Last night I enjoyed dinner out with a friend who is also my next door neighbor. We have a lot in common. In addition to living side by side, we worked together for over 20 years, we have sons who are the same age and went to the same schools until college, and we socialize together, just the two of us and with larger groups too. We had no trouble filling the long leisurely dinner with a wide variety of conversation topics. As I reflect upon the conversation today, I realize that it highlighted a couple of Tech Frustrations. (For those who live near us, we had dinner at a new restaurant called Locality. The quantity of food was small, but worth the price because it was so tasty. My wine was very good too. After the main course, I wasn’t even close to filled, so we pretended that we were in Italy and had a salad to close out the meal. I highly recommend this place!)
But back to our conversation that highlighted a couple of Tech Frustrations. The first, and maybe the “funniest” frustration (based on your perspective) is that we seem to be playing a running game of “telephone” thanks to our sons who are also friends. The “boys” live over a thousand miles apart now that they’re away at school and more than that some of the time since each has studied abroad. In spite of the great distance between them, they’ve been able to easily and casually communicate thanks to technology. And no matter where they’ve been in the world, they’ve been able to watch the Denver Broncos play football live while “discussing” the game with each other real-time. That’s pretty cool and fun thanks to technology, and not a frustration at all. As their mothers, we get snippets of info from them which we sometimes share with each other … and then report back to them. That’s when it can feel like a game of telephone. I’ve been chastised more than once for misunderstanding info as it goes one way or another. I think the boys probably consider these info exchanges a real frustration … probably amplified by technology.
But the thing that has me really thinking about our conversation last night, is how technology is shaping each of our views of current events. To be fair, now that I’m not going to work every day, I’m interacting with far fewer people than I have in the past, and my interaction with people from outside the US is mostly (but not totally) limited to Facebook friends now. I’m relishing the quiet of home, and plan to enjoy more solitude for quite a while. And this does mean that I’m not “out there” talking with people as much. Still, I’m on Facebook chatting away most days, I watch TV sometimes, I read some news via the Internet, and I often go out to meet friends and enjoy life, so I’m not a hermit.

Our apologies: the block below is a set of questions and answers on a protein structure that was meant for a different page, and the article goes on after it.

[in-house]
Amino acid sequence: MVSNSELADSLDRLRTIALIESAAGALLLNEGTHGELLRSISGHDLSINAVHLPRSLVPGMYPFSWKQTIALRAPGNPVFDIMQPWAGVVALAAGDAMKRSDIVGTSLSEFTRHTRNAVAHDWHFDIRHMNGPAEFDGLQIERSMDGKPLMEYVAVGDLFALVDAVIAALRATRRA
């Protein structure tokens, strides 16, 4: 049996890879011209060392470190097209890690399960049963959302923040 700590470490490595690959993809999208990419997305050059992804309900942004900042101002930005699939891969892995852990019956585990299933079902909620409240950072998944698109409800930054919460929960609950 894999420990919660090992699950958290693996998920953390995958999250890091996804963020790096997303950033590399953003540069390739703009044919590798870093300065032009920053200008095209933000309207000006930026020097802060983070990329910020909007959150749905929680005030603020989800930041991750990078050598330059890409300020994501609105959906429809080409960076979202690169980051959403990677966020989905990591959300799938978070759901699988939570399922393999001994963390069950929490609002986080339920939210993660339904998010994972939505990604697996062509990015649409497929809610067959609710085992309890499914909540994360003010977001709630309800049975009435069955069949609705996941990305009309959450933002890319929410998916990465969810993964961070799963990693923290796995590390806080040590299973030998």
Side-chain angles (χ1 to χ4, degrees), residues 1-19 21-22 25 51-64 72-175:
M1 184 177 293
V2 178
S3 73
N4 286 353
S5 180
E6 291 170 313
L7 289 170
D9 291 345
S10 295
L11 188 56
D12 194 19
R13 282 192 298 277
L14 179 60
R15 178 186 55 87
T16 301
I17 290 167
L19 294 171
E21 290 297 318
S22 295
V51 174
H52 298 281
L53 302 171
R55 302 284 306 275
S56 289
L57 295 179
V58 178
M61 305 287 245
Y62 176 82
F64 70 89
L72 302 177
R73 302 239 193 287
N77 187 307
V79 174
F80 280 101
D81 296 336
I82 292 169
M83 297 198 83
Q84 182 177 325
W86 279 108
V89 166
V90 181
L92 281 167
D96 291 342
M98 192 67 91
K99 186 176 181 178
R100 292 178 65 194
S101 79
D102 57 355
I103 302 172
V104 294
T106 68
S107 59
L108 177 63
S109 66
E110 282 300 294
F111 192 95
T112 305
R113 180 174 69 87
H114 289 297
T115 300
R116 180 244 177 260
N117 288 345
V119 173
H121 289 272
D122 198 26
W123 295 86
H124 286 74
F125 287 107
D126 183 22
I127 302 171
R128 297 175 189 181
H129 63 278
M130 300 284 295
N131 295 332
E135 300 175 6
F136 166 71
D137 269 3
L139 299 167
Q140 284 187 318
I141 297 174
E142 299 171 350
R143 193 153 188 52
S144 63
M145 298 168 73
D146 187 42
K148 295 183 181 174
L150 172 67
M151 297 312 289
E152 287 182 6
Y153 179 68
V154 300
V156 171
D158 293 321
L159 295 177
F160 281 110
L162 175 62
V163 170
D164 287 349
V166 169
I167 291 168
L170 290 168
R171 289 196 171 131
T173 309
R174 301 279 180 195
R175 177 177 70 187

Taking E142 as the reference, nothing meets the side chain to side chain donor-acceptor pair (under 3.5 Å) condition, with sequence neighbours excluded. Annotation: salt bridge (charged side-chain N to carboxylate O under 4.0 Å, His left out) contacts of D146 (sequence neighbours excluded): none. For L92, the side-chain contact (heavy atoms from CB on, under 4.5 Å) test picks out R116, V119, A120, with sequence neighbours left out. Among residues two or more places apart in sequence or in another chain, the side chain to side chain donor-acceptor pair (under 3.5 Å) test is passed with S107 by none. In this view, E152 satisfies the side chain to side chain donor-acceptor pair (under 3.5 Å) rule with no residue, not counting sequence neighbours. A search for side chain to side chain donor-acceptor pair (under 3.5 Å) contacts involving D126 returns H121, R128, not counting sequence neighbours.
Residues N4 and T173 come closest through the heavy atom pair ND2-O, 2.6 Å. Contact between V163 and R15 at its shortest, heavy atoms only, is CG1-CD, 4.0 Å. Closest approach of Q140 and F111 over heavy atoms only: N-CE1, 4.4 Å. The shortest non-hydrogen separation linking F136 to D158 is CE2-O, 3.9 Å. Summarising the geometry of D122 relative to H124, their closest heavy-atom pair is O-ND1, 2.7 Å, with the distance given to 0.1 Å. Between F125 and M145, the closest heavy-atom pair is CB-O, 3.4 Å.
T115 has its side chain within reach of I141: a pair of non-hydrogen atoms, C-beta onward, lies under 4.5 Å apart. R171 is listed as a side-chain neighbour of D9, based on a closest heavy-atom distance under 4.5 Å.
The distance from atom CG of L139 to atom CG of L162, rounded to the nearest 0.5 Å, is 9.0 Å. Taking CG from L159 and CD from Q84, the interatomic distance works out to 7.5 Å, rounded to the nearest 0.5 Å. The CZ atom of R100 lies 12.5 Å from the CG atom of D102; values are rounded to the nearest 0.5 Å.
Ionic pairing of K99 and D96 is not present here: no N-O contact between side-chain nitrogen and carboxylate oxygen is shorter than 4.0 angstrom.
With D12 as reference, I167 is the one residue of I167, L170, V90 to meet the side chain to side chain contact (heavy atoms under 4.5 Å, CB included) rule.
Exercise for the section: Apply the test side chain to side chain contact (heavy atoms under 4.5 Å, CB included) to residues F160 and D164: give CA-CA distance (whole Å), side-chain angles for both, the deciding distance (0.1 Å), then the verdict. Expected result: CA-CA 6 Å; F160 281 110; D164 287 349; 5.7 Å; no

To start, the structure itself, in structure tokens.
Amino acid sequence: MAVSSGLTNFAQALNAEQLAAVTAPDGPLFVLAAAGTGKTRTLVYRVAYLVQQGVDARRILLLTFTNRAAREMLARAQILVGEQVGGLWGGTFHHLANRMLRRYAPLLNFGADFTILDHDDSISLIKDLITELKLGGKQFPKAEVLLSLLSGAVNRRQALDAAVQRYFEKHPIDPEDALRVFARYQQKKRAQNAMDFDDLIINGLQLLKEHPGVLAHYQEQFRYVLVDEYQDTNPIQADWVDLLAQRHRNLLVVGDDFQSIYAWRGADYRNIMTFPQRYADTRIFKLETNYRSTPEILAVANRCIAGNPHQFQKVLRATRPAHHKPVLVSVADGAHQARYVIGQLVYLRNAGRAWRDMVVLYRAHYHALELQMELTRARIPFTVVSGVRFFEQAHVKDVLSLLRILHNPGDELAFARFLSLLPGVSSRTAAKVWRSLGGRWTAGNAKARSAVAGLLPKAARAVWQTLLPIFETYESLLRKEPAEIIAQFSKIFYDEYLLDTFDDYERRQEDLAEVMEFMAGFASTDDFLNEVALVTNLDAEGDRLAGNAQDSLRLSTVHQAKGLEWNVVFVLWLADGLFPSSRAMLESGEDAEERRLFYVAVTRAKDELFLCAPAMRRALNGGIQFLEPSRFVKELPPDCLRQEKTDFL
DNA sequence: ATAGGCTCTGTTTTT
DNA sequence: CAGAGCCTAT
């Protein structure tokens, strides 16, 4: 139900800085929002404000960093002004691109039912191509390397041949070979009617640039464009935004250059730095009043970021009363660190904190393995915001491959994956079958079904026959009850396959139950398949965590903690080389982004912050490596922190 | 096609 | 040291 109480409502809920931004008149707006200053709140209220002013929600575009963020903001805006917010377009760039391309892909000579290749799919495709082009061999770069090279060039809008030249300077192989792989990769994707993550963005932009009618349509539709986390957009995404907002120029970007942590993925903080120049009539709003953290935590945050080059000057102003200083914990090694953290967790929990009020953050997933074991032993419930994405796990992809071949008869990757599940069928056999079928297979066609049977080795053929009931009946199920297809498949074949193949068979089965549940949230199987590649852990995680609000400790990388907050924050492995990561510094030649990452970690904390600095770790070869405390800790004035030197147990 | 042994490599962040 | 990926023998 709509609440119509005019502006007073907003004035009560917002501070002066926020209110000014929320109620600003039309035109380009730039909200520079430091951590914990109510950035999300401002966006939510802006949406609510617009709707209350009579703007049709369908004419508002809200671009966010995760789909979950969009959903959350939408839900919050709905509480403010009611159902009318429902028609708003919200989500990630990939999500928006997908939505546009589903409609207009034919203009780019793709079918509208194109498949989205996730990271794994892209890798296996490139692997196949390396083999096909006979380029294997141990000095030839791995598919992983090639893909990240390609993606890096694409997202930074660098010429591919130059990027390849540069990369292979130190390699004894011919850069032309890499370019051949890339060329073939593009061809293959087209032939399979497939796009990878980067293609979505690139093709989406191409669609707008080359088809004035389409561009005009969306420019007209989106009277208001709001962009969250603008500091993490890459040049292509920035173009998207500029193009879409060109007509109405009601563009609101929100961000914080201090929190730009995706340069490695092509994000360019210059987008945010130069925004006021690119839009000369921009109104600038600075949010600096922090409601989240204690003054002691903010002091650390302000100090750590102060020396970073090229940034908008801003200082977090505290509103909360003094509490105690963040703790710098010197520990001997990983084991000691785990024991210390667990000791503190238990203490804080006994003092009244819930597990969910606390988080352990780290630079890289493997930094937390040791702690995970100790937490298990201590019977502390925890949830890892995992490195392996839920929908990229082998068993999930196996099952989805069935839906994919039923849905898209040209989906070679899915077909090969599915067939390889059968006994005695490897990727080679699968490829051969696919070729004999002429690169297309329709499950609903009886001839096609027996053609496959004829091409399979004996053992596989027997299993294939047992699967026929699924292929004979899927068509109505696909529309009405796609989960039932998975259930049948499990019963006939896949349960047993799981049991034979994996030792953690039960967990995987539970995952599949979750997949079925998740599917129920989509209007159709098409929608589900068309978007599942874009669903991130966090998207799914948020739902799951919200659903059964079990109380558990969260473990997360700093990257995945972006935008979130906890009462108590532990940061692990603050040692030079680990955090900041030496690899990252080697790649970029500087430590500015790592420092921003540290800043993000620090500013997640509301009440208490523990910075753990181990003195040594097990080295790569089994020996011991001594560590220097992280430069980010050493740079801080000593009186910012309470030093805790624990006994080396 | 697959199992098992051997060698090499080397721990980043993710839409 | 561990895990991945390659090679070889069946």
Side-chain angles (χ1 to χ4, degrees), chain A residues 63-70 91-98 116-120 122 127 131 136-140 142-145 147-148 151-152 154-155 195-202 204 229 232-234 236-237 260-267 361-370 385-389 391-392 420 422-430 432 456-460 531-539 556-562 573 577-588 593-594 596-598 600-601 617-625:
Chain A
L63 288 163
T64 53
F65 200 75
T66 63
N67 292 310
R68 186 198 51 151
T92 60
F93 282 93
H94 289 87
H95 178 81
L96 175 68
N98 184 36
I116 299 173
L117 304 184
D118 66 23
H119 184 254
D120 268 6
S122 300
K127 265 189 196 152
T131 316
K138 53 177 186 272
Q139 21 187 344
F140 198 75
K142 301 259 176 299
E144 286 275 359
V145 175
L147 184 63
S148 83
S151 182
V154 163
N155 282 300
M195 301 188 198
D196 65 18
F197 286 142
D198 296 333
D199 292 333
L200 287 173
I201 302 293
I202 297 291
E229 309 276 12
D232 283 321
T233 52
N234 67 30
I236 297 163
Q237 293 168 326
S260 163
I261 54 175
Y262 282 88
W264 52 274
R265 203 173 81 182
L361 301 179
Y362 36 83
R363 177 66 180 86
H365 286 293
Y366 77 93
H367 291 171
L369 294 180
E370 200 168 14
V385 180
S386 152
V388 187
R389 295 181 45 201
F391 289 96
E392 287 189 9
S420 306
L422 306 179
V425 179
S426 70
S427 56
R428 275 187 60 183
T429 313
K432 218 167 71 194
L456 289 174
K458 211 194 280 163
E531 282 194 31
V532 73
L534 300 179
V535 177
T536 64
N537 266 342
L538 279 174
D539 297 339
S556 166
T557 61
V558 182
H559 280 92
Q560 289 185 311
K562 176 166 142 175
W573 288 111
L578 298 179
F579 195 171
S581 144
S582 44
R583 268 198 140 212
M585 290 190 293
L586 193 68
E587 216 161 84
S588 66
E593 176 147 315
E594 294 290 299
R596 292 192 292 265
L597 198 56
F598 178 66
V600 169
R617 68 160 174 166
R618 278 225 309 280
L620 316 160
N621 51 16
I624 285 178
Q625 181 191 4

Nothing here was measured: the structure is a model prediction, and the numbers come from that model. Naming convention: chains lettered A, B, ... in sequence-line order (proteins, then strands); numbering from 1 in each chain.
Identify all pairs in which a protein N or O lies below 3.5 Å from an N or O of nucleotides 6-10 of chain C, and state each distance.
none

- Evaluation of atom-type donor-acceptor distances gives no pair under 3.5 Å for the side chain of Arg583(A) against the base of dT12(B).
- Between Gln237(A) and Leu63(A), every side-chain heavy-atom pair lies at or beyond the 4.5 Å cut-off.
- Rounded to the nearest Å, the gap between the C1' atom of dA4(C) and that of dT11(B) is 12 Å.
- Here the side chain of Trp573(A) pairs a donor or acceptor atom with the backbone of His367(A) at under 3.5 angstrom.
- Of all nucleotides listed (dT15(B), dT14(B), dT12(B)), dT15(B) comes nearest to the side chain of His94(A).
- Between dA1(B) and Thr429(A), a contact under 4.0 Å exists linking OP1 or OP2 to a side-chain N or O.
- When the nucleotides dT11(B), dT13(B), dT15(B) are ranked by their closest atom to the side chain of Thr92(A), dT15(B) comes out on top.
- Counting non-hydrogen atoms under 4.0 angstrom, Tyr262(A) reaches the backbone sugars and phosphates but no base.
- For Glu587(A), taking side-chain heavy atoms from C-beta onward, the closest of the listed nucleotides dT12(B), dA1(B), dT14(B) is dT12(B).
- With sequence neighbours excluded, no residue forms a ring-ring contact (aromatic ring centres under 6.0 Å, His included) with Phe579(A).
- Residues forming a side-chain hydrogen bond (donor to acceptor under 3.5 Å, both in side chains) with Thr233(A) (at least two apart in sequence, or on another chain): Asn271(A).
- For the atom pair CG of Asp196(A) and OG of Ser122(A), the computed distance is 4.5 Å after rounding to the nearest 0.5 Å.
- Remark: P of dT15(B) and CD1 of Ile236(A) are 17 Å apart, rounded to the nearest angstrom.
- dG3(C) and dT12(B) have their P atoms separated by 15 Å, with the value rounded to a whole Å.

Last night, as we spent a long time discussing the recent presidential election in the US, I was surprised to learn that my friend was not so surprised by the outcome. I, on the other hand, was totally surprised. I also mentioned the "big deal" situation at Standing Rock and learned that wasn't getting as much "play" via her networks. I was blown away by the differences in our perspectives about these two current events. We spent a fair amount of time talking about these differences and concluded that they stemmed from differences in our “virtual” worlds. Facebook really. We agreed that it wouldn’t have been possible to predict the outcome of the election if we had limited our interactions to people who live around us here in Colorado. Neither of us heard about any significant support for Trump before the election from local friends and acquaintances. We live in a dark blue county of a light blue state. We concluded that the reason that she saw it coming and I didn’t is because her virtual network is more diverse than mine, so she was exposed to way more people than I was who openly supported Trump. I saw very small pockets of support for Trump via Facebook, but nothing significant. She was exposed to more. So while we live right next door to each other, and share so many day-to-day experiences, friends and acquaintances, our virtual worlds, which provided anecdotal info, are vastly different. And that caused us to have vastly different expectations going into the election.
And then there is the situation at Standing Rock. When I casually mentioned it, it didn't immediately register with her. People in my virtual world are keeping this story front and center, while it’s not as big of a conversation topic in her virtual world. Here we are, two women who live right next door to each other, who probably agree on many issues, use many of the same tools for communicating and staying plugged in, and yet we have some very different perspectives about what is going on in our country. I’ve concluded that my virtual world has given me a false sense of feeling informed. And that is a Tech Frustration. My friend suggests that maybe we need an app to measure the diversity of our virtual networks. Now there's a great idea!
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